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168 Hours: You Have More Time Than You Think (2010)

by Laura Vanderkam(Favorite Author)
3.59 of 5 Votes: 1
1591843316 (ISBN13: 9781591843313)
Portfolio Hardcover
review 1: This book is good for you only if you were a female, specially a working mom and a feminist. The writer says this book is addressed to men and women who have children or don't, but I find it addressed only to working moms (like the writer) or females who plan to be that one day.The writer talks a lot about making your breakthrough in you career and I believe this book was her breakthrough. I also believe if the description of the book says who it's aimed for, it will not be as successful as it is. I have been lied to yes, but still I sometimes manged to project the ideas of this book on my life and get the more I can of it.
review 2: So, most times when I read self improvement books, I read the first 20 pages and say to myself "this is BS", or "boring! I'm not
... more going to change a dang thing" . But, this book I read cover to cover and I actually listened to some of it. And, I even took out a piece of paper and wrote stuff down when it (Laura) told me to. All self improvement books have that part when they ask me to actually do something and that's when I put it neatly back in the bookshelf and back away. Sort of ashamed that I listened this time, but not. Why? because the book boils down to a few very reasonable measurable concepts; 1) Measure and track your time 2) Your work will luxuriously fill up any time you give it and 3) Plan ahead at least some aspect in your life. Being an engineer, I like to measure things. The book asks you for two weeks to track to the MINUTE what you are doing, whether it's email, actual work, dishes, sleeping, or staring off into the space. Taking real measurements and not changing a thing? sounded like a great plan to me. What you're supposed to do with this information is see where your time is going, realize there's lots of wasted time, and realize you're actually not working as long and hard as you think are. And, all of that is right. But, what I got from it is that if I measure the tasks I hate doing (like the dishes!) I can know to the minute how long it actually will take me, and there's a lot of comfort in that. It's comforting to know that I will go through hell for exactly X minutes and then it will be over. And, since finishing this book, I've gotten REALLY good at knowing exactly how long things take me;7 minutes to unload full dishwasher and 20 minutes to wash a full sink of dirty pots and pans for instance. The second concept about work filling up every bit of time you give it is really true, so I've realized that it's really good to schedule things (appointments) that force my future self out of the office. The third concept I apply only to the things I hate doing like household chores. I plan every chore and know how long it takes me to clean an entire house down to cleaning the toilet; 5 minutes. There are some sweet heartfelt stories in there by Laura, a working mom, and some decent statistics about how stay-at-home moms actually don't spend much more QUALITY time with their kids than working moms. Again, being a young female with a engineering career, and desire to have kids, it is comforting to know, that I will likely give my future kids the same amount of quality attention as the average stay-at-home mom. And I'll be doing that all the while being a good role model, and being useful in the world. less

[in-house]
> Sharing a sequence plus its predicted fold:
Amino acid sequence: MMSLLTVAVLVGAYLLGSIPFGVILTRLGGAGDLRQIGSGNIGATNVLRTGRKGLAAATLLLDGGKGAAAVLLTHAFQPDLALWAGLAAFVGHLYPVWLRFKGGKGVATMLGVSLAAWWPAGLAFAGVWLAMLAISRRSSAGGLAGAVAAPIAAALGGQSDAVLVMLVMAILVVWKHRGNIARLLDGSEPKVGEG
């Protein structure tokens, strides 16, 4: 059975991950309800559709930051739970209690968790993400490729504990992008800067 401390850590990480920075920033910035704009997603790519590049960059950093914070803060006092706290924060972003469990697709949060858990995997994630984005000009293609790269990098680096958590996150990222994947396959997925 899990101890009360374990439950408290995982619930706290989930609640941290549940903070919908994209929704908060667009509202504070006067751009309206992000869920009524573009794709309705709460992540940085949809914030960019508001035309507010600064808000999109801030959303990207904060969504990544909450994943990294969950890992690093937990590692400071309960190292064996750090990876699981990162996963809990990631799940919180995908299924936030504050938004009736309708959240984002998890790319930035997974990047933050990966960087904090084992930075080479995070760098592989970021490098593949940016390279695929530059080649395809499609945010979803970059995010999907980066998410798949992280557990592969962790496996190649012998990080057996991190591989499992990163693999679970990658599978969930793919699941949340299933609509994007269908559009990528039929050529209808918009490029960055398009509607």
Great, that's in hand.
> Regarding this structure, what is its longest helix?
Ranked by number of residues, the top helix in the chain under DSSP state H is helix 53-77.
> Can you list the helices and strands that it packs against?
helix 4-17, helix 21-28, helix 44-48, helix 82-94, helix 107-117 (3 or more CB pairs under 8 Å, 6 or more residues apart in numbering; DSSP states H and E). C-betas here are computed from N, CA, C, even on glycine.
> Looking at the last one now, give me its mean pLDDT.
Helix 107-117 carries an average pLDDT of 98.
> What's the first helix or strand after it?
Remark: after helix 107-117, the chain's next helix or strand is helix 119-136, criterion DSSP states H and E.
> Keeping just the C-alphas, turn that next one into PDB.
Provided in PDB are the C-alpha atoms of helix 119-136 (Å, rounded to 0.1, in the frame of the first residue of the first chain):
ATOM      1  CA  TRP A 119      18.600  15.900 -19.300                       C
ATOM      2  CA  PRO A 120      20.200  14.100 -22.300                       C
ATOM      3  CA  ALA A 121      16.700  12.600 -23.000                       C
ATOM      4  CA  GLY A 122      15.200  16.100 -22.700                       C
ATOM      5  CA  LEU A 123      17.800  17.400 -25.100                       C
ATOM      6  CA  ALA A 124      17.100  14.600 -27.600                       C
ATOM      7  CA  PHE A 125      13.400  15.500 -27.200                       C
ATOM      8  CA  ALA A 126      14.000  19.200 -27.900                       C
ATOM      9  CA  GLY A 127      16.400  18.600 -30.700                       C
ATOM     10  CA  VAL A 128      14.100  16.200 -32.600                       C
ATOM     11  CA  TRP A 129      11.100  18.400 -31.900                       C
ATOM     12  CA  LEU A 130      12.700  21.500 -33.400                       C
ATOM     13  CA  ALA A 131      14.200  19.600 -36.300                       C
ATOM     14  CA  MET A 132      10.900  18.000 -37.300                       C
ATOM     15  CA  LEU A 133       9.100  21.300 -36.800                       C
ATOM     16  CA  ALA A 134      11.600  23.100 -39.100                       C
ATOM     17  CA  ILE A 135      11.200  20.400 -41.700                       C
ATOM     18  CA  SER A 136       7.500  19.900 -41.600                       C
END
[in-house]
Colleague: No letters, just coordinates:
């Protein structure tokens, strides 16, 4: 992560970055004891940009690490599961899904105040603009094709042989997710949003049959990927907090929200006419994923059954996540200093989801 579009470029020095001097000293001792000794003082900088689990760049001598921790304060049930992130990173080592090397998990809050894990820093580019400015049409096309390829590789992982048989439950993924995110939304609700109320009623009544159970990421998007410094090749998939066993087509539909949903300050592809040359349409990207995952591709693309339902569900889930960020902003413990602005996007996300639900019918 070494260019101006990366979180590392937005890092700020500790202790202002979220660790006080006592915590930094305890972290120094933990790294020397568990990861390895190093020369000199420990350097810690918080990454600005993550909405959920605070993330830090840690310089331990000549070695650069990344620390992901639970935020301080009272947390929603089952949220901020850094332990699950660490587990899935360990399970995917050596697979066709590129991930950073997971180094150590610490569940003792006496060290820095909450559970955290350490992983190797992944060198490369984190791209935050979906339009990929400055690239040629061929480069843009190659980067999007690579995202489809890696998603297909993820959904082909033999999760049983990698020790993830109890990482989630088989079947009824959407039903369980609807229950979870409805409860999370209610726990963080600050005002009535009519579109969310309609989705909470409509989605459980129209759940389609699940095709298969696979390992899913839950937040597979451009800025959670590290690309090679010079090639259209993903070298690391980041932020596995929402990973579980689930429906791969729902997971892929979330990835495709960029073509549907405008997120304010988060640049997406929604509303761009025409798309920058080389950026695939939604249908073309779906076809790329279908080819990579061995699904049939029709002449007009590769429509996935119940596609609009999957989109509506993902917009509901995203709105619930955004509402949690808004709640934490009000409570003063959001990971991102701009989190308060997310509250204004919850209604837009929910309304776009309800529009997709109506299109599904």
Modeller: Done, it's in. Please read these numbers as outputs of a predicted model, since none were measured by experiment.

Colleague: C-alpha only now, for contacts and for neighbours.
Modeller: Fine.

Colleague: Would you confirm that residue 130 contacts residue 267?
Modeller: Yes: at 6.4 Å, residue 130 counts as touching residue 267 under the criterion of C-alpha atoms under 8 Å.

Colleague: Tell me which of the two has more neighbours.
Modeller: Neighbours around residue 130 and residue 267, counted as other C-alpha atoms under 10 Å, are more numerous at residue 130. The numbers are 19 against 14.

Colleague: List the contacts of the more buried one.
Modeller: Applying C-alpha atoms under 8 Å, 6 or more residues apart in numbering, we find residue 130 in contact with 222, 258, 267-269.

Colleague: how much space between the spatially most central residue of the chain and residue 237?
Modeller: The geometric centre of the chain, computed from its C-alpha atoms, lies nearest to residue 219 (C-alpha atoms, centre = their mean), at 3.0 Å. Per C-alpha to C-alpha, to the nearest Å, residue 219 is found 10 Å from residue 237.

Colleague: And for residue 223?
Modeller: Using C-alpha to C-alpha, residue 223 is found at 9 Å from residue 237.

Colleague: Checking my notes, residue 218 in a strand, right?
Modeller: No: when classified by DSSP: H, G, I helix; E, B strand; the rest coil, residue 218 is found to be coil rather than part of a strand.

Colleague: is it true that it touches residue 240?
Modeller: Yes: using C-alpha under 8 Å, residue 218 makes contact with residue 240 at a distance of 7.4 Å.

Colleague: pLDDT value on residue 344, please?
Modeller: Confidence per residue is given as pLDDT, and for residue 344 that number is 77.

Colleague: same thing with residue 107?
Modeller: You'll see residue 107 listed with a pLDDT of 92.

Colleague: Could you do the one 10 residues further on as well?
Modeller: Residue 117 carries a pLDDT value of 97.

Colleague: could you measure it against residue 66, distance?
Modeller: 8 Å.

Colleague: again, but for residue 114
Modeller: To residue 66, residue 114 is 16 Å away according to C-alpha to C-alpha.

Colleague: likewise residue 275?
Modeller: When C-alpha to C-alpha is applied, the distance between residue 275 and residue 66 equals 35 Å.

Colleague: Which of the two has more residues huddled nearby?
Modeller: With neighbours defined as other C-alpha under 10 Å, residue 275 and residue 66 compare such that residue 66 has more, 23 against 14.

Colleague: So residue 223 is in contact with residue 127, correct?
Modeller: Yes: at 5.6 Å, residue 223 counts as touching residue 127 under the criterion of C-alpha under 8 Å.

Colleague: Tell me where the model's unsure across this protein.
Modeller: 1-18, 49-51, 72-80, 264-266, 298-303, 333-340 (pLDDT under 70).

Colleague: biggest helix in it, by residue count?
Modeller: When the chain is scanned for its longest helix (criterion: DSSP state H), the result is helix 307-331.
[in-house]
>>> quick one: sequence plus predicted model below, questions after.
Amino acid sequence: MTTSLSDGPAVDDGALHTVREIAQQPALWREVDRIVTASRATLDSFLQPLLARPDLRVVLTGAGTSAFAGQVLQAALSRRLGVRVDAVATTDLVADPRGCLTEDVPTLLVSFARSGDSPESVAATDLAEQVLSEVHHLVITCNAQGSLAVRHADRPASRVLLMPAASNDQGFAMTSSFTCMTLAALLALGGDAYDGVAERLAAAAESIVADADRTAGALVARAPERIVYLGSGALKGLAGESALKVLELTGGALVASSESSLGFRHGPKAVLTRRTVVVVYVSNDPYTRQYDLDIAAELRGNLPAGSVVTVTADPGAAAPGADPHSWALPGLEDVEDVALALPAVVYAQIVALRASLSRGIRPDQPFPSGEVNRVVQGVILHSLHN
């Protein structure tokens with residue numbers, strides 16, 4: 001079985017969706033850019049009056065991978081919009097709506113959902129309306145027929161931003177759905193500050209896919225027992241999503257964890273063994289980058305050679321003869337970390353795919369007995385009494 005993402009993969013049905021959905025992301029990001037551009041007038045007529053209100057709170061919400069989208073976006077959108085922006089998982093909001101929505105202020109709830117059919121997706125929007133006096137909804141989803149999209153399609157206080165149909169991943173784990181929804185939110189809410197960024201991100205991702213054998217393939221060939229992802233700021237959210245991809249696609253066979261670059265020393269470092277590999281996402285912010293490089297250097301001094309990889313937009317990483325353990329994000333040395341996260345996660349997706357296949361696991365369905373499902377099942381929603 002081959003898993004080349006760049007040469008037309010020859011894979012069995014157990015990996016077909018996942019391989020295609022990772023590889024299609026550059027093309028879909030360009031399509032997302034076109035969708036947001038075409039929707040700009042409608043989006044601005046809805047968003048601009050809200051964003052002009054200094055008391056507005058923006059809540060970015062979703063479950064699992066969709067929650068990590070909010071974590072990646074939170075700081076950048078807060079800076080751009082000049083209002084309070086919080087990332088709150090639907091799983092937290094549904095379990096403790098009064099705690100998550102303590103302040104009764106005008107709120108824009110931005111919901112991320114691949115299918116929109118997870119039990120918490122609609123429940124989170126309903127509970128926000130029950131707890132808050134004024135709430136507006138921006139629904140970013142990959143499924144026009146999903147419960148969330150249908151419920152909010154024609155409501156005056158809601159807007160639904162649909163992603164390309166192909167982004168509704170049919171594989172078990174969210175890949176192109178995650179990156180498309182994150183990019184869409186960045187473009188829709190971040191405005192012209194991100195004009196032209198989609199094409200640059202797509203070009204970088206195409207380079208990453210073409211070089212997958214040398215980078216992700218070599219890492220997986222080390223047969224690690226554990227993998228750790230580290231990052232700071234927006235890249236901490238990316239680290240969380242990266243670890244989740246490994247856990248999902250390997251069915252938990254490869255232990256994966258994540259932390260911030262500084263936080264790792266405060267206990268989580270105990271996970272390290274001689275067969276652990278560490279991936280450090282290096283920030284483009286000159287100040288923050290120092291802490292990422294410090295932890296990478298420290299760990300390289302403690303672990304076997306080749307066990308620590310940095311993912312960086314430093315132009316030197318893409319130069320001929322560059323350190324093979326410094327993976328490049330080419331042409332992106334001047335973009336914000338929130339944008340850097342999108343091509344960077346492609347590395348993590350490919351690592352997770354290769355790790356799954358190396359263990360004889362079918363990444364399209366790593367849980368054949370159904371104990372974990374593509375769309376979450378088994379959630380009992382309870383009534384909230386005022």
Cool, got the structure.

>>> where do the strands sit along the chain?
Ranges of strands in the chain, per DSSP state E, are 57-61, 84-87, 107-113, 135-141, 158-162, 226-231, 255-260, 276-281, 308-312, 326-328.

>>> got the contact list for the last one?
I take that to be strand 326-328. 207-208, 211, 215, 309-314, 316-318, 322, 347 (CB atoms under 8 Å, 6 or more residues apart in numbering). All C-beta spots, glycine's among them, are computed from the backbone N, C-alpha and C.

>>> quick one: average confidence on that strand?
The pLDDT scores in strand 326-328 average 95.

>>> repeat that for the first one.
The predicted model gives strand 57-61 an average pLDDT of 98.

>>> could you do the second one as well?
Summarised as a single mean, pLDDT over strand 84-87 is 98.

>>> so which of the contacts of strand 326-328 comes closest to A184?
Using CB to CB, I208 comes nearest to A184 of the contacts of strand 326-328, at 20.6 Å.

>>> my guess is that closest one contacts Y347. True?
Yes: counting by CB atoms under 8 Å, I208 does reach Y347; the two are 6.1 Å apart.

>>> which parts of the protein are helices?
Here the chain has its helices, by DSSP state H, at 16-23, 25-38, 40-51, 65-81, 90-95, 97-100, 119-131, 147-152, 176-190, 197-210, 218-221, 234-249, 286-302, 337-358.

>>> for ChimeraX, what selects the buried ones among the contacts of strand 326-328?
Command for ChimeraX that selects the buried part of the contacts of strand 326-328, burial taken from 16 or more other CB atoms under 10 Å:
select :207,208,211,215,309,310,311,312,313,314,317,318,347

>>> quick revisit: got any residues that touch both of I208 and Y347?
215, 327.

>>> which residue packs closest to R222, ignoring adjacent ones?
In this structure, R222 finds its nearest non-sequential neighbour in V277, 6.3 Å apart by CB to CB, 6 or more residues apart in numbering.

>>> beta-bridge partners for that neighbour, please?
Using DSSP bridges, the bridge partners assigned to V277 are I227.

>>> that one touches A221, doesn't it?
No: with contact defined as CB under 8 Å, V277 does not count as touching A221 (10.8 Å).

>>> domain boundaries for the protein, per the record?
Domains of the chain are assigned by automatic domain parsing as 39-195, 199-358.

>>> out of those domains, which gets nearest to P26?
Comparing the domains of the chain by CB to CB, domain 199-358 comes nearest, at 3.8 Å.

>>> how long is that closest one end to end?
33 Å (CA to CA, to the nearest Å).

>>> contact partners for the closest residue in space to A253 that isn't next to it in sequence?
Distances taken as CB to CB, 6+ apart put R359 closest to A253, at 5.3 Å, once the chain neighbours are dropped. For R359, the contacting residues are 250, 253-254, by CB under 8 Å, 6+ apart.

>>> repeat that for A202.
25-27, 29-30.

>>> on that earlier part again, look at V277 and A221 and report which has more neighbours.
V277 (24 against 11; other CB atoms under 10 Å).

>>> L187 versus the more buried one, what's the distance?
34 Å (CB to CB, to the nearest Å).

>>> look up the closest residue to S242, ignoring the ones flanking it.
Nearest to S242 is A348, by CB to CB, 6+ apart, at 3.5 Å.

Reviews (see all)
Looking forward to trying my own "time makeover" this fall!
Excellent book. Challenged my thinking about my time.
I go back to this regularly for ideas and tools.
Recommend to everyone.
3.5/5 stars
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